Stakeholders stressed the importance of cohesion policy and the need for appropriate and effective funding
The European Commission's proposals for cohesion policy post 2020 include many positive aspects. However, they do not go far enough. A budget that has been cut by 10% in comparison to the previous one will be insufficient to meet the needs of the current political agenda and environment. Moreover, the proposed rulebook must be fine-tuned in order to be effective.
These are some of the main conclusions reached during a conference that was recently hosted by the European Economic and Social Committee (EESC) in connection with the preparation of several opinions on the Commission's cohesion package, which was put forward as part of the proposals for the Multiannual Financial Framework (MFF) 2021-2027.
The speakers welcomed the improvements in terms of simplifying the rules and making them more flexible, increasing effectiveness and accessibility and introducing the partnership concept, which were presented with the Commission's proposals.
Nonetheless, the speakers voiced reservations regarding the feasibility and efficiency of the rulebook and called for a final agreement to be reached before the 2019 European elections, in view of the challenges the EU is facing. The Austrian government, which currently holds the EU Council presidency, should make every possible effort to press ahead with the negotiations on the next MFF.
It was stressed that a real commitment to regional development and cohesion policy was needed. At a key moment for the future of the European Union, an ambitious policy could constitute one of the main instruments aimed at tackling growing Euroscepticism and other political and socio-economic challenges, providing real benefits to people's lives and having an impact on EU policy perception. A real commitment should first and foremost be reflected in a clear strategy and appropriate budgetary provisions; both ought to be aligned with the political environment in order to be effective and to meet citizens' expectations.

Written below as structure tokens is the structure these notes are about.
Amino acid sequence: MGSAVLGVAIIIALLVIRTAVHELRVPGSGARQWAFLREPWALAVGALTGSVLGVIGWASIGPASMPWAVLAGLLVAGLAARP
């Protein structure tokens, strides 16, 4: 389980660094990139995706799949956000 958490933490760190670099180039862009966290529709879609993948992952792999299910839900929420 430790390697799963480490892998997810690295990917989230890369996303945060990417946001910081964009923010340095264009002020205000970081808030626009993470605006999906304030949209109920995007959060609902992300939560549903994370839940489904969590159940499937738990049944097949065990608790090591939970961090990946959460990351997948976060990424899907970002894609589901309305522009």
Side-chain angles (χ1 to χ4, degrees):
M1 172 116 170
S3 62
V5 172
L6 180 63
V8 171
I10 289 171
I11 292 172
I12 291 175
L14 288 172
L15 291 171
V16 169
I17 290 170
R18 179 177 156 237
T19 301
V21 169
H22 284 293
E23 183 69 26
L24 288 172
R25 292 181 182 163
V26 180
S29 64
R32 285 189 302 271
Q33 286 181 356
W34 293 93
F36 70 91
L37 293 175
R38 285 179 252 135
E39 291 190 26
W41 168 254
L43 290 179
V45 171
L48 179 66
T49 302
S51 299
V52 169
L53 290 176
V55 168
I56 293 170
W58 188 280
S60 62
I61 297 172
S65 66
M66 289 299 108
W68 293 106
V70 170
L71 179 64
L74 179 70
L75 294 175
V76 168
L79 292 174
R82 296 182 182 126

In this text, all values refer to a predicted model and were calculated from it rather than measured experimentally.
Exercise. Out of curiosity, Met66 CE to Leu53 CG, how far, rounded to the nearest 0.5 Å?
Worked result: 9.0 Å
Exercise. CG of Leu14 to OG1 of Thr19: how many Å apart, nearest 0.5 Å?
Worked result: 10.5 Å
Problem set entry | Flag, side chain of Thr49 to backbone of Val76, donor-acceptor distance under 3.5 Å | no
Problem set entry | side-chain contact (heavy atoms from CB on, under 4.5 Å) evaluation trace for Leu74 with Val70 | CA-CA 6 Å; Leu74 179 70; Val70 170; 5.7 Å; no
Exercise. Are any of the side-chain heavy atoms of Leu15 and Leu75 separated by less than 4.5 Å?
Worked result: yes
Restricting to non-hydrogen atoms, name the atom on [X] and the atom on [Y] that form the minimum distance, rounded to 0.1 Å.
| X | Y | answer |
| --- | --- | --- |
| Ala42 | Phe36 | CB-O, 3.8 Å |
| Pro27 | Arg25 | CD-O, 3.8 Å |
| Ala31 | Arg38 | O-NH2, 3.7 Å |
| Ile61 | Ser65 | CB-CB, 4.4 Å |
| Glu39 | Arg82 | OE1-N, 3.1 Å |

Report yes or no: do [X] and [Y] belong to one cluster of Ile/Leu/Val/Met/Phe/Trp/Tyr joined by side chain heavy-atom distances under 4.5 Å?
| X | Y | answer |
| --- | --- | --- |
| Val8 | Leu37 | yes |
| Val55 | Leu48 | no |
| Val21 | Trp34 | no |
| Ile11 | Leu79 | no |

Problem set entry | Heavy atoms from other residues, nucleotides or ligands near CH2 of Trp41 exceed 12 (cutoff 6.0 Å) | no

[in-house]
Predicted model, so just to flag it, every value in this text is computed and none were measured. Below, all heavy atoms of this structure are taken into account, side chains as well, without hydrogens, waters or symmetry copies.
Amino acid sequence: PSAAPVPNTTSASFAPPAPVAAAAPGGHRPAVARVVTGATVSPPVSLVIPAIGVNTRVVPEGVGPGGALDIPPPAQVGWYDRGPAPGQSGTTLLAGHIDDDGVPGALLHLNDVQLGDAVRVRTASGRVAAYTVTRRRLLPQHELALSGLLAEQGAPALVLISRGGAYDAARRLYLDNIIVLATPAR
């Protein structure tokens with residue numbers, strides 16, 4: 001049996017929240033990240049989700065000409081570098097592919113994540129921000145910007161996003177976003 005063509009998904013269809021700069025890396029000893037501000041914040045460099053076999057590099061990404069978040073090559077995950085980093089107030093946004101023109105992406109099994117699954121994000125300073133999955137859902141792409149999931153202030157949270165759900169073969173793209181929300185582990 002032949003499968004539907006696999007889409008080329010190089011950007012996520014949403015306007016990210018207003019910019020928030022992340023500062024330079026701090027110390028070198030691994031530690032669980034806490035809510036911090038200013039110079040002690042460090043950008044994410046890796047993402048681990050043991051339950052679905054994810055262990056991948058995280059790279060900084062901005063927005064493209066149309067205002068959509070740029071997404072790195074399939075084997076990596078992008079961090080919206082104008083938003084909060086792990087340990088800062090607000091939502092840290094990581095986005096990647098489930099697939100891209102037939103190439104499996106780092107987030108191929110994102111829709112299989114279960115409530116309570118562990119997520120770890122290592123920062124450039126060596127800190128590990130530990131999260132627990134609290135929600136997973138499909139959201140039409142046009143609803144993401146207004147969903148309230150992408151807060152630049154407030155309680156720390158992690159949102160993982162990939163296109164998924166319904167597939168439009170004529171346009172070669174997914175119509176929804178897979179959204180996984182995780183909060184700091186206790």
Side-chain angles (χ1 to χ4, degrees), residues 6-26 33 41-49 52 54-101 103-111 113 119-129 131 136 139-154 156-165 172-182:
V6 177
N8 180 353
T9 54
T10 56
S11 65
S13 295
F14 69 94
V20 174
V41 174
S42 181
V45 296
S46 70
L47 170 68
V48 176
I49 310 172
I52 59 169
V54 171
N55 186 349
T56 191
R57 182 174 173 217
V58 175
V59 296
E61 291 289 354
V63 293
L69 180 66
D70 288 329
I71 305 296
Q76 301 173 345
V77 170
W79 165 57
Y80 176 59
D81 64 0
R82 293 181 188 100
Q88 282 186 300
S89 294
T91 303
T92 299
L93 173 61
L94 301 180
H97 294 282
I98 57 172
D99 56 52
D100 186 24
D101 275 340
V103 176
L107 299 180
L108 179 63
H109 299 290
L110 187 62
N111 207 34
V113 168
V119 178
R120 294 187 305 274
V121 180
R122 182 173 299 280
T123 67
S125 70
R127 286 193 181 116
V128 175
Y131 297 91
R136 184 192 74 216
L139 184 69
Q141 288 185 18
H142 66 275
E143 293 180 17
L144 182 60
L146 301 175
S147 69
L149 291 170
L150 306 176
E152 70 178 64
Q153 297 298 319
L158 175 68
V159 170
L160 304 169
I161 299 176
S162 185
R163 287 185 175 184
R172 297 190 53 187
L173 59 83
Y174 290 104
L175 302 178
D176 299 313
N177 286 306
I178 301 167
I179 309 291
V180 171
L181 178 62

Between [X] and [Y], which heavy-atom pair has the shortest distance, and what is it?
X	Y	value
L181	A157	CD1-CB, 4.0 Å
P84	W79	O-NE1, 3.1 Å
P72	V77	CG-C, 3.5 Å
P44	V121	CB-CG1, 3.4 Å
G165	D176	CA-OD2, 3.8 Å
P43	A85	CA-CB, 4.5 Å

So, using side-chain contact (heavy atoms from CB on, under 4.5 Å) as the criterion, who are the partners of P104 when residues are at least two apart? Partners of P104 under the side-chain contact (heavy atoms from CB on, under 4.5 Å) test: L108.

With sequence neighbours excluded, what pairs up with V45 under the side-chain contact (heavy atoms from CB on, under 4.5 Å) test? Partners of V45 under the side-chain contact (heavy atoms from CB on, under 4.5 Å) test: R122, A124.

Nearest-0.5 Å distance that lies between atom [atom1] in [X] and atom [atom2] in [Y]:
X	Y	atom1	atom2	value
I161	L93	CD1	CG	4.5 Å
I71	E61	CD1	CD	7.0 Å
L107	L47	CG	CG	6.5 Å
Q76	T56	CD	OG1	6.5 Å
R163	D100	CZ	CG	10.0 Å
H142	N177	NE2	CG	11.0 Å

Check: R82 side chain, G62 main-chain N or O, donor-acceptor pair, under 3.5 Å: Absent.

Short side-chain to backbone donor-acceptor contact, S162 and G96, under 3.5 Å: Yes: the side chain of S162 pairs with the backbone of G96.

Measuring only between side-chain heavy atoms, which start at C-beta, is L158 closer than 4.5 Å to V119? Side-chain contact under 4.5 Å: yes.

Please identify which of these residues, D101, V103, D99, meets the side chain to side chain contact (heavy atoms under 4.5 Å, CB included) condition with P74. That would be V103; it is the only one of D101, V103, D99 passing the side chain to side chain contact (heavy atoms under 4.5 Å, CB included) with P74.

Stefano Palmieri, president of the EESC's ECO section, lamented the proposed budget cuts, observing that: "We welcome the introduction of new priorities to the EU agenda, but they should not harm the funding of long-standing and successful ones. We ask the European Commission to maintain at least the provisions from the current MFF." Most of the panellists agreed with this statement.
Stefano Mallia, EESC rapporteur on the Common Provisions Regulation 2021-2027, which is due to be presented and voted on at the EESC plenary in October, felt that the credibility of the EU was at stake. Criticising the lack of strategy behind the Commission's proposals, he pointed out that "we need a clear strategy to guide the priorities of the future cohesion policy and the directions for the use of funds." Moreover, the co-financing rate must be maintained in order to ensure the accessibility of funds for all beneficiaries. Other participants supported his views.
Participants also discussed the new enabling conditions and macroeconomic conditionality. Their opinions on this issue were varied. With regard to the new decommitment rule, speakers agreed that the implementation provision should ensure the correct level of investment across the EU and the ability to cope with the demands of all parties involved. The need to implement the n+2 rule and the enabling conditions on the same day that the new regulation takes effect could create difficulties for the managing authorities.
Finally, the introduction of supplementary criteria for the distribution of funds was viewed positively and a rigorous evaluation and better communication on cohesion programmes and projects was urged.
The findings of the conference will feed into the EESC's opinions on the Commission's cohesion package. The opinions will be presented and put to the vote in September and October 2018. The EESC will be the first institution to express a formal view on the Commission's package.